, Volume 17, Issue 4, pp 264–272 | Cite as

Pesticide abuse in Europe: effects on the Cinereous vulture (Aegypius monachus) population in Spain



A survey was carried out to investigate incidents of pesticide poisoning of the Cinereous vulture (Aegypius monachus) in Spain during the period 1990–2006. A total of 241 incidents affecting 464 vultures were investigated to establish their causes: approved use, misuse, or deliberate abuse. Other factors studied were compounds, other species affected by the incident, the mode of application, spatial and temporal variation and reasons for the pesticide abuse involved. Approved use was responsible for only a minor fraction (1.3%) of the incidents whereas up to 98% of the investigated incidents were intentional poisonings. Pesticide mortality mainly affects adult individuals (83%) and the implications of this for population dynamics could be important. Eleven different compounds were involved in these incidents although three compounds accounted for up to 88% of the poisoning cases: carbofuran, aldicarb, and strychnine. Most of the pesticide kills seem to be related to the illegal control of predators. Given the minor impact of labeled-use pesticides, currently approved pesticide use does not represent a problem for the Cinereous vulture. Nevertheless, availability of highly toxic pesticides may exacerbate illegal use. As a few compounds, mainly granular insecticides, are responsible for most pesticide kills, stronger regulation and control of these in the EU could result in a decrease of mortality related to pesticide abuse in several endangered species without a significant effect on agriculture.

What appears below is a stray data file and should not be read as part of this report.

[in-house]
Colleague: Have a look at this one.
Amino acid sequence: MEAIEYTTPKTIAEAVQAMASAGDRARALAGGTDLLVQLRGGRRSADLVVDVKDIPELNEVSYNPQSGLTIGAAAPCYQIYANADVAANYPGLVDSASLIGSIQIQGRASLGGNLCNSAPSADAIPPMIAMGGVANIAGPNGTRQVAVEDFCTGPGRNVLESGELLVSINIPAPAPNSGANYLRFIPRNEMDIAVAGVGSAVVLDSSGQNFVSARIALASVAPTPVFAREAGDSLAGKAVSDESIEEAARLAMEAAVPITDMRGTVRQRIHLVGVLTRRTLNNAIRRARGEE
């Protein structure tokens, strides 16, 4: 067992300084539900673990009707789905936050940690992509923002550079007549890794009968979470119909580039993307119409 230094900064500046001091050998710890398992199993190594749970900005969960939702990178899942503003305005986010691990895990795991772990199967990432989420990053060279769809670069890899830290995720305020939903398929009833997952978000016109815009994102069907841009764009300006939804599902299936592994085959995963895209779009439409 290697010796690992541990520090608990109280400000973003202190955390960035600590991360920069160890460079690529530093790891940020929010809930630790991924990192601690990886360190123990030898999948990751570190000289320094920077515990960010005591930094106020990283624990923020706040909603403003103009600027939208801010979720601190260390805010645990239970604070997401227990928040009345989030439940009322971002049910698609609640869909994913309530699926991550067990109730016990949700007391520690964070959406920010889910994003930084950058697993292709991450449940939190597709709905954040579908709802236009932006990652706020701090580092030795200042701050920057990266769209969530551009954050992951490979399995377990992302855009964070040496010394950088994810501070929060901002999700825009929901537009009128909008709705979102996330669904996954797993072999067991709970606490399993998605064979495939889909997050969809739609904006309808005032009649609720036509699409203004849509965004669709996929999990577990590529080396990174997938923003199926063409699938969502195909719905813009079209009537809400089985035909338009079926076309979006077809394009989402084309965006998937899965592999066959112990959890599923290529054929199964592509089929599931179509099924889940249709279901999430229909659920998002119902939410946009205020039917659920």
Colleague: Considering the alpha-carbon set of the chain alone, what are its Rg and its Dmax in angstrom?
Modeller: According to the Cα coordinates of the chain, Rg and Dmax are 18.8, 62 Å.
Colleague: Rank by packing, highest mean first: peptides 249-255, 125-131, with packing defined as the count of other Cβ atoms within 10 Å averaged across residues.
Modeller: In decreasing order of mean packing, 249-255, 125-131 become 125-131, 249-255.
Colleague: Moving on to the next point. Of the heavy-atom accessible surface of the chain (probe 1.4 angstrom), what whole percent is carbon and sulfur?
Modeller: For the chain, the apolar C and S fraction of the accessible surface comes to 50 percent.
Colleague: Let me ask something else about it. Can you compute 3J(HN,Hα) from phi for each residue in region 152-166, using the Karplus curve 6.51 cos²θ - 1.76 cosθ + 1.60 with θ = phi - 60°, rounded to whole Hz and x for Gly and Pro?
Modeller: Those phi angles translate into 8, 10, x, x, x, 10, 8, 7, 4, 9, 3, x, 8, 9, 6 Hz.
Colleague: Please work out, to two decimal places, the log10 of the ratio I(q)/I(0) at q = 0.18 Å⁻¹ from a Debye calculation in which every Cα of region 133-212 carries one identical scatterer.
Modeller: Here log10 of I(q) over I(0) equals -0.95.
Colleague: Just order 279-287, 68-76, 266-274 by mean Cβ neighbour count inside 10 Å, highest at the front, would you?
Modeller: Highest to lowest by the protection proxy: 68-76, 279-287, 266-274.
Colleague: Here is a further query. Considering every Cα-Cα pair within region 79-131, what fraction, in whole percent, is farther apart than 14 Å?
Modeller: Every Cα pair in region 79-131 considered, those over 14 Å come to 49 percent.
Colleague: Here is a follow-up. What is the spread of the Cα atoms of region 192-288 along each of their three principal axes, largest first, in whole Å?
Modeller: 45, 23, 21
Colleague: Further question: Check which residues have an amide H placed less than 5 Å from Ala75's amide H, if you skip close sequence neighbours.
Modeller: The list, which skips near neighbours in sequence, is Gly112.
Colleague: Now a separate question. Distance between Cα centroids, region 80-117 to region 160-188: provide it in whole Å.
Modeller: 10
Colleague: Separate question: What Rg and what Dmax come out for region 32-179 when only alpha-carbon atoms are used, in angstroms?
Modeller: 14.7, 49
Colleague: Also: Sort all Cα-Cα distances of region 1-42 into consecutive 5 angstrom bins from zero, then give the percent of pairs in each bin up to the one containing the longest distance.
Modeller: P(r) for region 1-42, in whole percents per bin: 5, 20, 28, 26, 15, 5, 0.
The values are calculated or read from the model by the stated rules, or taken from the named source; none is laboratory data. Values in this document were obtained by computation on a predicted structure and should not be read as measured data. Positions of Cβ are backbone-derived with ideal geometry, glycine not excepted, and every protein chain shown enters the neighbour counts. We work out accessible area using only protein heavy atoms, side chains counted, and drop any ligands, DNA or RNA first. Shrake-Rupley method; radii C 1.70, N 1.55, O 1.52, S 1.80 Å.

Cinereous vulture Conservation Poisoning Carbamates Spain 



Thanks to V. García Matarranz, J. Sánchez, R. Sánchez, M. Fernández, J. Caballero, F. Robles, J. A. Blanco, J. Guzmán, E. Morales, J. Panadero, C. Sánchez, J. J. Sánchez, E. Tewes, Fondo para la Conservación del Buitre Negro, C. Segovia, Asociación Andalus and GREFA for data provided for this study and two anonymous reviewers for comments that improved this manuscript. We also thank J. Mayol, J. Muntaner, F. de Pablo, A. Aranda, V. Diez, J. P. Castaño, J. M. Blanco, L. Prada, F. Sánchez, N. González, F. de la Orden, F. Jiménez, J. I. Mosqueda, Á. Sánchez, J. Caldera, M. J. Palacios, J. I. Molina, M. Diez-del Pozo, O. Alarcia, R. Arenas, R. Cadenas, S. Centenera, B. Heredia, L. M. González, personal of the Wildlife Services of Autonomous Communities of Castilla y León, Castilla-La Mancha, Extremadura, Andalucía and Balearic Islands, SEPRONA, and the Grupo de Trabajo de Ecotoxicología for additional data provided.


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Copyright information

© Springer Science+Business Media, LLC 2008

Authors and Affiliations

  1. 1.Laboratorio Forense de Vida Silvestre (LFVS)Las MatasSpain
  2. 2.Bearded Vulture Study and Protection GroupEl Pont de SuertSpain

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